Years ago, people often talked about the advent of “grid computing” or “utility computing”, a world that would allow us to use computing power, much like plugging into an electrical outlet or turning on a faucet.
Somehow it hasn’t turned out quite like that, at least in the way that Cloud computing is most often adopted today with the IaaS (Infrastructure as a Service) model prevailing in most Cloud deployments. With IaaS, administrators and architects still have to specify too many of the technical details. Some elements, like cloud-based storage, do in fact embrace more of the pay-for-what-you-use model. However, the major cost elements of the Cloud, virtual machine compute power and database server capacity, are still primarily being served in very granular chunks, at specific VM sizes, regardless of how much capacity is actually consumed.
Our concept of utility computing had envisioned something more akin to consuming electrical power from a wall outlet: If you have a device that requires “X” kilowatts of power, you simply confirm that your cable and connectors are capable of carrying that load and then essentially just start consuming that amount of power knowing that you’ll get a bill for only the exact amount of power you consumed.
The corresponding analogy for the typical IaaS cloud provider model today might be: stating up front that I’m going to be using up to “X” KW of power so please dedicate a size-17 generator to me which I have to rent, regardless of how much power I really use. At least Microsoft Azure only charges for each actual minute used, whereas Amazon AWS charges a full hour for any fraction of an hour used.
The good news is that this cost model only happens when consuming cloud services in the traditional “way-we’ve-always-done-it” approach to IaaS. Once we start moving to Cloud services in PaaS form (Platform as a Service), we find that services truly can be purchased in a pay-as-you-use-it model, based on performance metrics alone rather than predefined and rigid spec classes.
Microsoft is doing a particularly good job in the database arena. With Amazon’s relational-database-as-a-service (“RDS”), it’s still necessary to spec out a VM instance size to support your capacity requirements, which makes it likely that a decent portion of the “horsepower” allocated will be under-utilized most of the time. But Microsoft Azure SQL Database now has something called “elastic database pools,” in which the defining variable is to specify that capacity is needed for “X” database transactions per second, and it becomes Microsoft’s problem to provide appropriate resources to meet that commitment. No more “guesstimating” VM core / RAM specifications; no more grossly oversizing VM’s just to make sure peak demands can be met. Instead, it’s all on the cloud provider to maintain peak performance at all times regardless of the resources committed behind the scenes. Even better, all those messy details you formerly had to cover yourself, like backups, disaster recovery and geo-redundancy, licensing, etc., are completely offloaded to the cloud provider.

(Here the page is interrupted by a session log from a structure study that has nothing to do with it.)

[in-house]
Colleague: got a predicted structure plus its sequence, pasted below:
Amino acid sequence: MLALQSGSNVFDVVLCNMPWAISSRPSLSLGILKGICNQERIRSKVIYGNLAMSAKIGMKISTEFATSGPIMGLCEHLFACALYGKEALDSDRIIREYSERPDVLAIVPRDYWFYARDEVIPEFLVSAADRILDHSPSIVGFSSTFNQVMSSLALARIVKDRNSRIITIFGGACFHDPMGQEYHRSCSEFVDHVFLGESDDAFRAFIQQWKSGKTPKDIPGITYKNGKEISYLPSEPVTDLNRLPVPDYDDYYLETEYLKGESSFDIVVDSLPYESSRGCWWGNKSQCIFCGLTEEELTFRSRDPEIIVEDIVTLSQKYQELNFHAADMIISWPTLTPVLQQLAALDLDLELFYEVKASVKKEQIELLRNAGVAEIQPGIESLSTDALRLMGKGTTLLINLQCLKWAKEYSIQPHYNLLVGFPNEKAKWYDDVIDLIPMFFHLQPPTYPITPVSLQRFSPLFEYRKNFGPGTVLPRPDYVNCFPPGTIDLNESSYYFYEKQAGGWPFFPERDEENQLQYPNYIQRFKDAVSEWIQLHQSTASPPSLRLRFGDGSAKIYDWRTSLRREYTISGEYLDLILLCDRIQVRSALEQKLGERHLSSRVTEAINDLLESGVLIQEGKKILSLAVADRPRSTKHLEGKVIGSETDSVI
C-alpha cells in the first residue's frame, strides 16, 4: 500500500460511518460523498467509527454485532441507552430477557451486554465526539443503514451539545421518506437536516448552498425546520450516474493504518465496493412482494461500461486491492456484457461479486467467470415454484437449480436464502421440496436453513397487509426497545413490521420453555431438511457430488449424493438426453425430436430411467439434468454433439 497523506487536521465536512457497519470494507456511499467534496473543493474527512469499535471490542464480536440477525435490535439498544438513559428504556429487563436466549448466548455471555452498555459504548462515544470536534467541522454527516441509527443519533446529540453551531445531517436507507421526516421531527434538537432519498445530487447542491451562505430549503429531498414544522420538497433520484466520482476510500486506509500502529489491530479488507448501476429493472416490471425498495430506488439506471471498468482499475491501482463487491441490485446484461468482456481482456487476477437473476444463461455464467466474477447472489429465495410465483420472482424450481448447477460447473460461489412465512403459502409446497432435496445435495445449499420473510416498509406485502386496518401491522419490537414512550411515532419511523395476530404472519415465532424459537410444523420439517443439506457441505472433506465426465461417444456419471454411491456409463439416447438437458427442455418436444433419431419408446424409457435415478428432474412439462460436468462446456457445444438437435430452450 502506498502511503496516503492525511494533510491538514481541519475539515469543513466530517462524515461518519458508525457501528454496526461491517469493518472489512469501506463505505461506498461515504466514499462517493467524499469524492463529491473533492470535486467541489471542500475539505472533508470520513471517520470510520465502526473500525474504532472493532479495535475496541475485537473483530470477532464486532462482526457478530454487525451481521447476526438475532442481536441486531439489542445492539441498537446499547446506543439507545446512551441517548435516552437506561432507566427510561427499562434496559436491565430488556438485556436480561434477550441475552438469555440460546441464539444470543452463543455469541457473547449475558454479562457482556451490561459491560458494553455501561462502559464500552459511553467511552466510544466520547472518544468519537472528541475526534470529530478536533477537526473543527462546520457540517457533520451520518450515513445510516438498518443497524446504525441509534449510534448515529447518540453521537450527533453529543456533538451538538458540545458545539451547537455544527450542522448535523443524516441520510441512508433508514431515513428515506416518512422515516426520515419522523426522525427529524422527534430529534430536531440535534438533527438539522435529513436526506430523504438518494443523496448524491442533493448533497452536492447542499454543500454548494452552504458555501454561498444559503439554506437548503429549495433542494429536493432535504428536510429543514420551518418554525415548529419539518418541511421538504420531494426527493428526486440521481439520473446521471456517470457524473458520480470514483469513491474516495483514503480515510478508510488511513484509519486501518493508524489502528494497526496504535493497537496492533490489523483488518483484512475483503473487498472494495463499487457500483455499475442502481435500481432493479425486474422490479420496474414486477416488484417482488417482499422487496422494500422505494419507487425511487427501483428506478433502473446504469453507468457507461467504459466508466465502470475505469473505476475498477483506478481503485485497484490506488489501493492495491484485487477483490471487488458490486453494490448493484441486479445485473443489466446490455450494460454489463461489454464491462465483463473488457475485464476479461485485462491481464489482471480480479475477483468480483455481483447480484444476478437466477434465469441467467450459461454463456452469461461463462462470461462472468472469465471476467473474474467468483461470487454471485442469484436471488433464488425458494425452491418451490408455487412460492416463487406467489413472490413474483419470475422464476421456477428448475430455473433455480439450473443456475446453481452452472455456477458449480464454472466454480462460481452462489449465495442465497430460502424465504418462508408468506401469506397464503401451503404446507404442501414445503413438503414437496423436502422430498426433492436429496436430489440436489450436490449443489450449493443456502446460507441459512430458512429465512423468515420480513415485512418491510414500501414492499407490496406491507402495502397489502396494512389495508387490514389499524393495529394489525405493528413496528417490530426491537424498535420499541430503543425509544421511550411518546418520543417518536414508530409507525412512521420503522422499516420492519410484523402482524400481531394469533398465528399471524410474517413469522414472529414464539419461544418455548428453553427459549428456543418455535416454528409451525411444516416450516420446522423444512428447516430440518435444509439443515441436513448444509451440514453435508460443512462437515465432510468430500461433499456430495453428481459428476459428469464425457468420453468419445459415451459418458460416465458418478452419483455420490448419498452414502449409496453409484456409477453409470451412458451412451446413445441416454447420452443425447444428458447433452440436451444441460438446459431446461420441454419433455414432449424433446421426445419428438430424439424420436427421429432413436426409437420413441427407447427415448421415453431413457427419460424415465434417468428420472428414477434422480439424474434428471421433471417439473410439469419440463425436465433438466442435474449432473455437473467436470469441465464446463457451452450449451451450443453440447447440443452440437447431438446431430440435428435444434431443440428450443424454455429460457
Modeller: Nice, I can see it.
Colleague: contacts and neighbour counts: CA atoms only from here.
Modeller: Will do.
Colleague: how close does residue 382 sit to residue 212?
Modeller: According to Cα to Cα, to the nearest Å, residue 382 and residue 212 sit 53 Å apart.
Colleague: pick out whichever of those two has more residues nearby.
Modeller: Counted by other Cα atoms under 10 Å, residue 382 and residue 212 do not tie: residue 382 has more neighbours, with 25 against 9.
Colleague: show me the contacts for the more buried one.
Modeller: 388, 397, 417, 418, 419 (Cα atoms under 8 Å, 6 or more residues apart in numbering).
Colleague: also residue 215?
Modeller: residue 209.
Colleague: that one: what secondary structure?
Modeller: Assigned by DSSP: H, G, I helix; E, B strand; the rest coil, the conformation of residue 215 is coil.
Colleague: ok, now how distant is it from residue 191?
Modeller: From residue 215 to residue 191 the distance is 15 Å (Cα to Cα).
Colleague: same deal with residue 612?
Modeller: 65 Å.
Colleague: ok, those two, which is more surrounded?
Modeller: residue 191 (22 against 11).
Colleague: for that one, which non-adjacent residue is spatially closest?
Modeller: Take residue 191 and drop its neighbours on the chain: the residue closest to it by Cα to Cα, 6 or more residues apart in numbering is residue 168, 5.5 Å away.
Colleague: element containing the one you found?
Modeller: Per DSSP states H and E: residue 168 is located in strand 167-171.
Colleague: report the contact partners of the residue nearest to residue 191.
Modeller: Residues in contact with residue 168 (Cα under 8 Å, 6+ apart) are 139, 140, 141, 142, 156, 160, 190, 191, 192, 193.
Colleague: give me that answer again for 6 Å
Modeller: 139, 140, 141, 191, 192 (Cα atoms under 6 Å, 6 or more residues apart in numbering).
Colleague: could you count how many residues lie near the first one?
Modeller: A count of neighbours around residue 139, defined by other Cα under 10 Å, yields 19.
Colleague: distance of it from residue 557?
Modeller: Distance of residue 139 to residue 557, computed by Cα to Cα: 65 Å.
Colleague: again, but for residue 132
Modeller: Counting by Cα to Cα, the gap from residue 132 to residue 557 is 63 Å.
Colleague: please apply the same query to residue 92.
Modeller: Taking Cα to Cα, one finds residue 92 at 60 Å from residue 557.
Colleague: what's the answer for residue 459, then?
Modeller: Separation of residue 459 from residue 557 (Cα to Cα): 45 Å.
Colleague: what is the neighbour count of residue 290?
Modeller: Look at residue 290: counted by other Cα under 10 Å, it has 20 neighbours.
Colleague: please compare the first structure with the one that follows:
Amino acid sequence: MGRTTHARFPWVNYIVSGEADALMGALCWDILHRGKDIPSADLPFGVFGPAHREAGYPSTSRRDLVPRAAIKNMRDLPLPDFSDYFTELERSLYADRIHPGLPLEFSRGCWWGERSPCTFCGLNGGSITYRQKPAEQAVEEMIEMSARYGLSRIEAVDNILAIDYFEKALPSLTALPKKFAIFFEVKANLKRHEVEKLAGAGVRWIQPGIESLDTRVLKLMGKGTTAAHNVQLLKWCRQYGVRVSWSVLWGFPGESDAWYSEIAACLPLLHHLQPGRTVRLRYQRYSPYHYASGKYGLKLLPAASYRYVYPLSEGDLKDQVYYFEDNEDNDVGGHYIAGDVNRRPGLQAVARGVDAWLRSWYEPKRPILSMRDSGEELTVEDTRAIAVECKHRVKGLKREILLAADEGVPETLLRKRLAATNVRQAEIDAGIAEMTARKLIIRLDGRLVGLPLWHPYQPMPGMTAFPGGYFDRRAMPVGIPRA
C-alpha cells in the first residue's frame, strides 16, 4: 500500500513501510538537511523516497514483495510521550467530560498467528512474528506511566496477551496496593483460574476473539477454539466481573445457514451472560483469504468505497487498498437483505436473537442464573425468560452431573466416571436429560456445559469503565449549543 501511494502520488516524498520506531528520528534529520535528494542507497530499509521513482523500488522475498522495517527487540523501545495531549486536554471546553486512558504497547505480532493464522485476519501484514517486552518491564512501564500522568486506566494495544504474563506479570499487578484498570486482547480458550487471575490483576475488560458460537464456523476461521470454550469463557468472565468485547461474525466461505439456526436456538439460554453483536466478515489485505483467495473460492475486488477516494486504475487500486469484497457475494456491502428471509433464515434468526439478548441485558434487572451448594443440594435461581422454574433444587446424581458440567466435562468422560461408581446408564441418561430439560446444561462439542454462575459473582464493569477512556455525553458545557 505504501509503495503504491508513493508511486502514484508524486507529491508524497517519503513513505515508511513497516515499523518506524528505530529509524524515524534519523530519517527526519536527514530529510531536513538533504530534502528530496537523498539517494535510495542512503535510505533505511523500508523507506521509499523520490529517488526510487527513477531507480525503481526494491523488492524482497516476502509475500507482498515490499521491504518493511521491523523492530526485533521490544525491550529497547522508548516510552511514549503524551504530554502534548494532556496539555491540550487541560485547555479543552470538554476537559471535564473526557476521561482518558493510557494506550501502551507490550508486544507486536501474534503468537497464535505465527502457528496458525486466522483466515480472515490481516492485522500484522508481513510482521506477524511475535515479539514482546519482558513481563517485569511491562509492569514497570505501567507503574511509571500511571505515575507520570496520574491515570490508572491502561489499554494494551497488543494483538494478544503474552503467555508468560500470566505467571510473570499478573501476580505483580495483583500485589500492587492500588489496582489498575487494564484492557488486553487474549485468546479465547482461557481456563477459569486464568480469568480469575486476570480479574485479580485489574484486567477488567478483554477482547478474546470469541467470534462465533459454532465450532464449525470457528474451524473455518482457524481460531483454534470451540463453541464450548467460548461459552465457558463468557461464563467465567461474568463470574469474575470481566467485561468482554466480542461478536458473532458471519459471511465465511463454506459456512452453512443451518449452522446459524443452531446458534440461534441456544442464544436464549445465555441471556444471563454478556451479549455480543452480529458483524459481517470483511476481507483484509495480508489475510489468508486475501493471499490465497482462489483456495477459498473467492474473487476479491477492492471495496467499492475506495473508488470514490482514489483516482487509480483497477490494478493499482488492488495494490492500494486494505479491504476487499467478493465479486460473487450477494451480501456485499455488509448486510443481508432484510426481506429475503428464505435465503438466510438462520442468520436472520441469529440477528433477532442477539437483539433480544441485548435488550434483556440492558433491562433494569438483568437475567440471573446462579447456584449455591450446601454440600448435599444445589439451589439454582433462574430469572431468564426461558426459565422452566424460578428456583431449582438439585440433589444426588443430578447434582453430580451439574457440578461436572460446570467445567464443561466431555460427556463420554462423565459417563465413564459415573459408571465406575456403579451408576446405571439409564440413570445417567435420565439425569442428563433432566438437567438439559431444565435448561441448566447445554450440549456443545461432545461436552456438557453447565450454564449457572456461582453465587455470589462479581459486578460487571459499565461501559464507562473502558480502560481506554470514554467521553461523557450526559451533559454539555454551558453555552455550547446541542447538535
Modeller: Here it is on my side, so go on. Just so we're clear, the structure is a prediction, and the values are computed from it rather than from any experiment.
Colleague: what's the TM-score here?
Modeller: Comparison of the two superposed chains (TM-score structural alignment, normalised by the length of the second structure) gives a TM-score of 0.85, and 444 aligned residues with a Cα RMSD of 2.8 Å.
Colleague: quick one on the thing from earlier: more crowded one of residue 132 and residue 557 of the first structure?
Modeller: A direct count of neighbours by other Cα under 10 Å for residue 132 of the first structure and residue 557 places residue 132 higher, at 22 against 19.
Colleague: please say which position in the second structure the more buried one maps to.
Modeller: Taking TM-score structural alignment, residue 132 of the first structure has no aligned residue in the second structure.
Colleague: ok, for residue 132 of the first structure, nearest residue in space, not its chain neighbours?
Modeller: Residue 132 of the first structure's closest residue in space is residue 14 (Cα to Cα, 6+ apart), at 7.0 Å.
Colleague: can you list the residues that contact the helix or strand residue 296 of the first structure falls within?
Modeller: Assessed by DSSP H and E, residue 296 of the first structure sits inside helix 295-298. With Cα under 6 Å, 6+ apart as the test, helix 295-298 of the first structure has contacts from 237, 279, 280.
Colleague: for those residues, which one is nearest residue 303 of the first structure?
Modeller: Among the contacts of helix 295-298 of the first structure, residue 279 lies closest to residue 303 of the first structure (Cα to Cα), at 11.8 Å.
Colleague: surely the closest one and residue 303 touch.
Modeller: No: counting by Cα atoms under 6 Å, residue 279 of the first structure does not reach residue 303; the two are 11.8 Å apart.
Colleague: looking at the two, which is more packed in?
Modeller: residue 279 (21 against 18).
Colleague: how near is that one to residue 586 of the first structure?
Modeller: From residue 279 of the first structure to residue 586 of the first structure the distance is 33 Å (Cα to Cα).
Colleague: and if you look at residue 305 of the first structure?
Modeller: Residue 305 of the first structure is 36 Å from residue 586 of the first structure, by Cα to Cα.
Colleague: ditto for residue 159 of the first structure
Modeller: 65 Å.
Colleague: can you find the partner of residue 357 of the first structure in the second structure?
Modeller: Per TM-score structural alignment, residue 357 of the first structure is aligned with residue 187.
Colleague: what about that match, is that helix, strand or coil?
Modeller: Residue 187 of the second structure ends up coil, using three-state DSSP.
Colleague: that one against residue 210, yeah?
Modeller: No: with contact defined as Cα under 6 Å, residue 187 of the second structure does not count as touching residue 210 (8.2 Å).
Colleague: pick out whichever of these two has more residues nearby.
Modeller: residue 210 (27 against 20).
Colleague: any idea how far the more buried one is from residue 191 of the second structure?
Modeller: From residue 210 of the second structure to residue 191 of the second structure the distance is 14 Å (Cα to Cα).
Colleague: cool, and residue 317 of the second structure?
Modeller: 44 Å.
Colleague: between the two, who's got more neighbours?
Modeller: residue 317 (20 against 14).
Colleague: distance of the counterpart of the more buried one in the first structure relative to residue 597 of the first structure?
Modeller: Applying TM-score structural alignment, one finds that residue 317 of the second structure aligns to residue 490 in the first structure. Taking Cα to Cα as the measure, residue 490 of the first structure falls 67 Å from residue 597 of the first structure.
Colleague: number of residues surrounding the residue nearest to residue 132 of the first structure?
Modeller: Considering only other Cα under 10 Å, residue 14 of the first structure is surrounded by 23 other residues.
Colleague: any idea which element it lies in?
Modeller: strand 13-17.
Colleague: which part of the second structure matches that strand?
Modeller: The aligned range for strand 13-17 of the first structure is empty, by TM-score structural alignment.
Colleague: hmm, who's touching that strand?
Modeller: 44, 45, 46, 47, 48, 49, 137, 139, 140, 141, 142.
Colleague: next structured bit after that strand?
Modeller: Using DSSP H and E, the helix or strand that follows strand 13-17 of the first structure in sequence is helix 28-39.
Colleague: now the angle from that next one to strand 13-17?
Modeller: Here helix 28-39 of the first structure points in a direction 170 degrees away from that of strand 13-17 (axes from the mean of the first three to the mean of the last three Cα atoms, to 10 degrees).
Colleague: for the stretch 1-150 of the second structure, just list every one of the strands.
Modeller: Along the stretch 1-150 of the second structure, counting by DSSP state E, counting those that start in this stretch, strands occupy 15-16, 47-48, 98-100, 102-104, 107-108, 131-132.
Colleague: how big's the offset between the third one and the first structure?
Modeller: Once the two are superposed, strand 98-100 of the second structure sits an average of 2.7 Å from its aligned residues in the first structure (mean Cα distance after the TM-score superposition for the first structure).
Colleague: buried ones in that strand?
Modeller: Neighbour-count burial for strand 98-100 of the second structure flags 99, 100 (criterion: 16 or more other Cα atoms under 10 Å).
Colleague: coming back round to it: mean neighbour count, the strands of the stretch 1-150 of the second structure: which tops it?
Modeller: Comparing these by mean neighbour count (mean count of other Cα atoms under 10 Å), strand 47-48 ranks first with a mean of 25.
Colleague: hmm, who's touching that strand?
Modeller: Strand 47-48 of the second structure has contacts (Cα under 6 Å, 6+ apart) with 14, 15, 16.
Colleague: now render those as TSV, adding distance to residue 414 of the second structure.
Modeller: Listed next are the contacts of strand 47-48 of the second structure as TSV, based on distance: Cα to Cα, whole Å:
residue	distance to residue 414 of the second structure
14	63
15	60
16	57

Bottom line, we need to stop thinking of using cloud IT services as only traditional infrastructure-based solutions. If organizations approach them as just another set of VM’s in another data center, then that’s all we get and nothing more. Sure there are some efficiencies and some extra capabilities when using just IaaS, but to get ourselves out of the nuts-and-bolts arena of hardware-level server management (CPU cores, RAM, etc.), we need to start approaching things from a more PaaS and SaaS direction. We should be specifying WHAT we want, not HOW we want it.
I’m really excited by what Microsoft Azure is offering in the PaaS space, especially with SQL as a service. We’re finally getting to true pay-just-for-what-you-use utility computing. In IT, we’re always pushed by businesses to reduce costs, increase efficiency, and attain flawless availability. PaaS-based solutions put IT that much closer to fully realizing those goals.